It's about improving client service, say Joshua Fireman, McCarthy Tétrault's knowledge director. Clients want value for money, and law firms want to deliver better value without putting more strain on lawyers. Clients tend to assume law firms have large archives of documents at their fingertips, he adds, but making information readily accessible gets harder as firms grow.

According to Andrew Pery, chief marketing officer and senior vice-president of marketing at Hummingbird, the software costs from $500 to $1,300 a user, depending on the firm's needs. But that's just the beginning. Mr. Pery says software usually accounts for about 20 per cent of the total knowledge management costs. Planning and consulting accounts for about another 40 per cent, he says, and the balance goes in internal personnel time, training and maintenance.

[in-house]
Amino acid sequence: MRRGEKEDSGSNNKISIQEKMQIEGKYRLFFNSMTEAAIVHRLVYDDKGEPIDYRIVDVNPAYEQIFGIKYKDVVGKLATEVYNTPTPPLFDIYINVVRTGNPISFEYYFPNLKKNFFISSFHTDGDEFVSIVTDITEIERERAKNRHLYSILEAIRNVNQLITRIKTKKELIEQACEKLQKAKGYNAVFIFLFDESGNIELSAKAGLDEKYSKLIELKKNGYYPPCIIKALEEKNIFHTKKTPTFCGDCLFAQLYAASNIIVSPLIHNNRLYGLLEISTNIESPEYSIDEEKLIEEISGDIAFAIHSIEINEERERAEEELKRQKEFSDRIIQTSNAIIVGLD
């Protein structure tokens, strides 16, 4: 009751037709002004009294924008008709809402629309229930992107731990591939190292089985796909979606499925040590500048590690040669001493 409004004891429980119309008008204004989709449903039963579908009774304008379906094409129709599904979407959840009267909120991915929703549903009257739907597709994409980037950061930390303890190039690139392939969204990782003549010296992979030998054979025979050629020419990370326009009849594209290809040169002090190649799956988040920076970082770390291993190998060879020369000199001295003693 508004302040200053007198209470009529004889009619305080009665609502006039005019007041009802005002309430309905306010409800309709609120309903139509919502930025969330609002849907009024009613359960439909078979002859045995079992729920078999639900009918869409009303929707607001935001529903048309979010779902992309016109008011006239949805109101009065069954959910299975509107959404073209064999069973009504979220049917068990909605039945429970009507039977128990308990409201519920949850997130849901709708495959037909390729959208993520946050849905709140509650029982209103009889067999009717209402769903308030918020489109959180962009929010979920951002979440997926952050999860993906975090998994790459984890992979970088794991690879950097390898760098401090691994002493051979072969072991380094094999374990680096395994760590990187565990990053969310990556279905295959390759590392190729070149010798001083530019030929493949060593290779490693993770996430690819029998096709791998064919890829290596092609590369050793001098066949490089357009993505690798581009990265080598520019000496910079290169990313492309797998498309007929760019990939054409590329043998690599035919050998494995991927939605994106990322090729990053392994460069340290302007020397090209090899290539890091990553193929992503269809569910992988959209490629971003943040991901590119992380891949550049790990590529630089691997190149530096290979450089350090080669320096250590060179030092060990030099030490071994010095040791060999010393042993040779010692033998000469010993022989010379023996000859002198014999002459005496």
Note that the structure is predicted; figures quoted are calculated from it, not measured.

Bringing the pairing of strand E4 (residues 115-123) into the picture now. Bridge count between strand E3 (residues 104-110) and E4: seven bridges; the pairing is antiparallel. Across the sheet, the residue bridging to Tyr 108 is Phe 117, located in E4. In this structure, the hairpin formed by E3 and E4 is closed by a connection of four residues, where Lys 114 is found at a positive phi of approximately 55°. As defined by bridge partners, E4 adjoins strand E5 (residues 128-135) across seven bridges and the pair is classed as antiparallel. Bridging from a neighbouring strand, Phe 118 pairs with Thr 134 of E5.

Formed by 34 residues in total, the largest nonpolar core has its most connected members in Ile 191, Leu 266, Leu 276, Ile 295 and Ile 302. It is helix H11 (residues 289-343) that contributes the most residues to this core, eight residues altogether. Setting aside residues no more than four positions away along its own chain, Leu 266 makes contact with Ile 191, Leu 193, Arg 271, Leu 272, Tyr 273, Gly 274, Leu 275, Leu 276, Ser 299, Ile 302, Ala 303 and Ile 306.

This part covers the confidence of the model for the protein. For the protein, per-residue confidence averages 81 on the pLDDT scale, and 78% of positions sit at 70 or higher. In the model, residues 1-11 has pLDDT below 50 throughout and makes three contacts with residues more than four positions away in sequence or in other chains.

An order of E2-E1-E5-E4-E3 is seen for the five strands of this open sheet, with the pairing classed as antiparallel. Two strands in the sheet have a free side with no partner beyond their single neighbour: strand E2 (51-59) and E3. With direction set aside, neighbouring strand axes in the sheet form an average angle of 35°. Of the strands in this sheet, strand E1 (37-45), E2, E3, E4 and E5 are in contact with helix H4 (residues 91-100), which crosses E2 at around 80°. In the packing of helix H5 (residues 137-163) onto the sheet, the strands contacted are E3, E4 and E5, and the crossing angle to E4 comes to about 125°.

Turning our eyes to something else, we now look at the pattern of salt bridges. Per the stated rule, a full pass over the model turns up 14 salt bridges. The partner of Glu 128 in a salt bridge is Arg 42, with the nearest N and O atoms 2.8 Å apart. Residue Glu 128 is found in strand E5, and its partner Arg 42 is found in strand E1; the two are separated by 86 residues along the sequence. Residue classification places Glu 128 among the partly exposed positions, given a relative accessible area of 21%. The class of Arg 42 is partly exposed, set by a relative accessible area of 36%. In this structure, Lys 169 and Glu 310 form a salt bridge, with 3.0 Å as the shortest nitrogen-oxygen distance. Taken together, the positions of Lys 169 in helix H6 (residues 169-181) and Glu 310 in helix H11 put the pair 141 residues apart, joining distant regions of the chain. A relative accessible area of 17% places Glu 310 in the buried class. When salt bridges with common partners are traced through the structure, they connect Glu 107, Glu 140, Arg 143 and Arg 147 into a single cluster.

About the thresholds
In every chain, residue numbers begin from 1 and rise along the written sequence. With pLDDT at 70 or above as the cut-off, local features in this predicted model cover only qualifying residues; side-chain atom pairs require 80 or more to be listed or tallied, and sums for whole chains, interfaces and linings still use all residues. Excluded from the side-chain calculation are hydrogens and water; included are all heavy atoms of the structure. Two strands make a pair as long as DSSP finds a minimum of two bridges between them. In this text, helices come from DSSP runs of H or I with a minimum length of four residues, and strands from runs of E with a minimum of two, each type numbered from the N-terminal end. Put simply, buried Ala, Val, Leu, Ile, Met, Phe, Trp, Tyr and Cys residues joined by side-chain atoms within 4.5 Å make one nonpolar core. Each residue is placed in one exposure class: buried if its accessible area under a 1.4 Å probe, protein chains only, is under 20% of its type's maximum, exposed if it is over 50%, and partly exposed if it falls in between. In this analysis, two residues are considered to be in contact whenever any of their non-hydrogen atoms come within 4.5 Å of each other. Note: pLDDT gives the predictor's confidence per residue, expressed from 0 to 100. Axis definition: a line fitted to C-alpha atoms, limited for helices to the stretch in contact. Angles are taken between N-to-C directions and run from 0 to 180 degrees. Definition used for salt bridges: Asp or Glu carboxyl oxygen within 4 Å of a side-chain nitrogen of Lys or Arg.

To make knowledge management work, a law firm must adapt its structure. Mr. Pery recommends organizing the firm into practice areas, within which most knowledge sharing will take place. For each area, Mr. Pery advises, a major firm should take a qualified lawyer away from billable practice to spend his or her full time as "in a sense, the librarian" for that practice area, overseeing collection and organization of knowledge.

This is almost exactly what McCarthy has done, though it has two such lawyers for each of its largest practice areas while others handle two smaller practice areas. They make up the firm's knowledge management team and work with practising lawyers in their areas to determine which knowledge should go into the system.

Practising lawyers sit down with members of the knowledge management team at the end of each major project to discuss what information to retain, Mr. Fireman says. This takes 25 to 50 hours of the average lawyer's time a year, he says.

At McCarthy, there was "a period of about 18 months that I would sort of call the period of faith," Mr. Peters says. During that time, adding documents and other information to the firm's new knowledge management system took up lawyers' time, but the knowledge base was not yet large enough to give them much in return. "That's probably the most difficult period."

Now, lawyers are seeing how knowledge management can help them serve clients better. "It's going to be the distinguishing factor between firms," he predicts.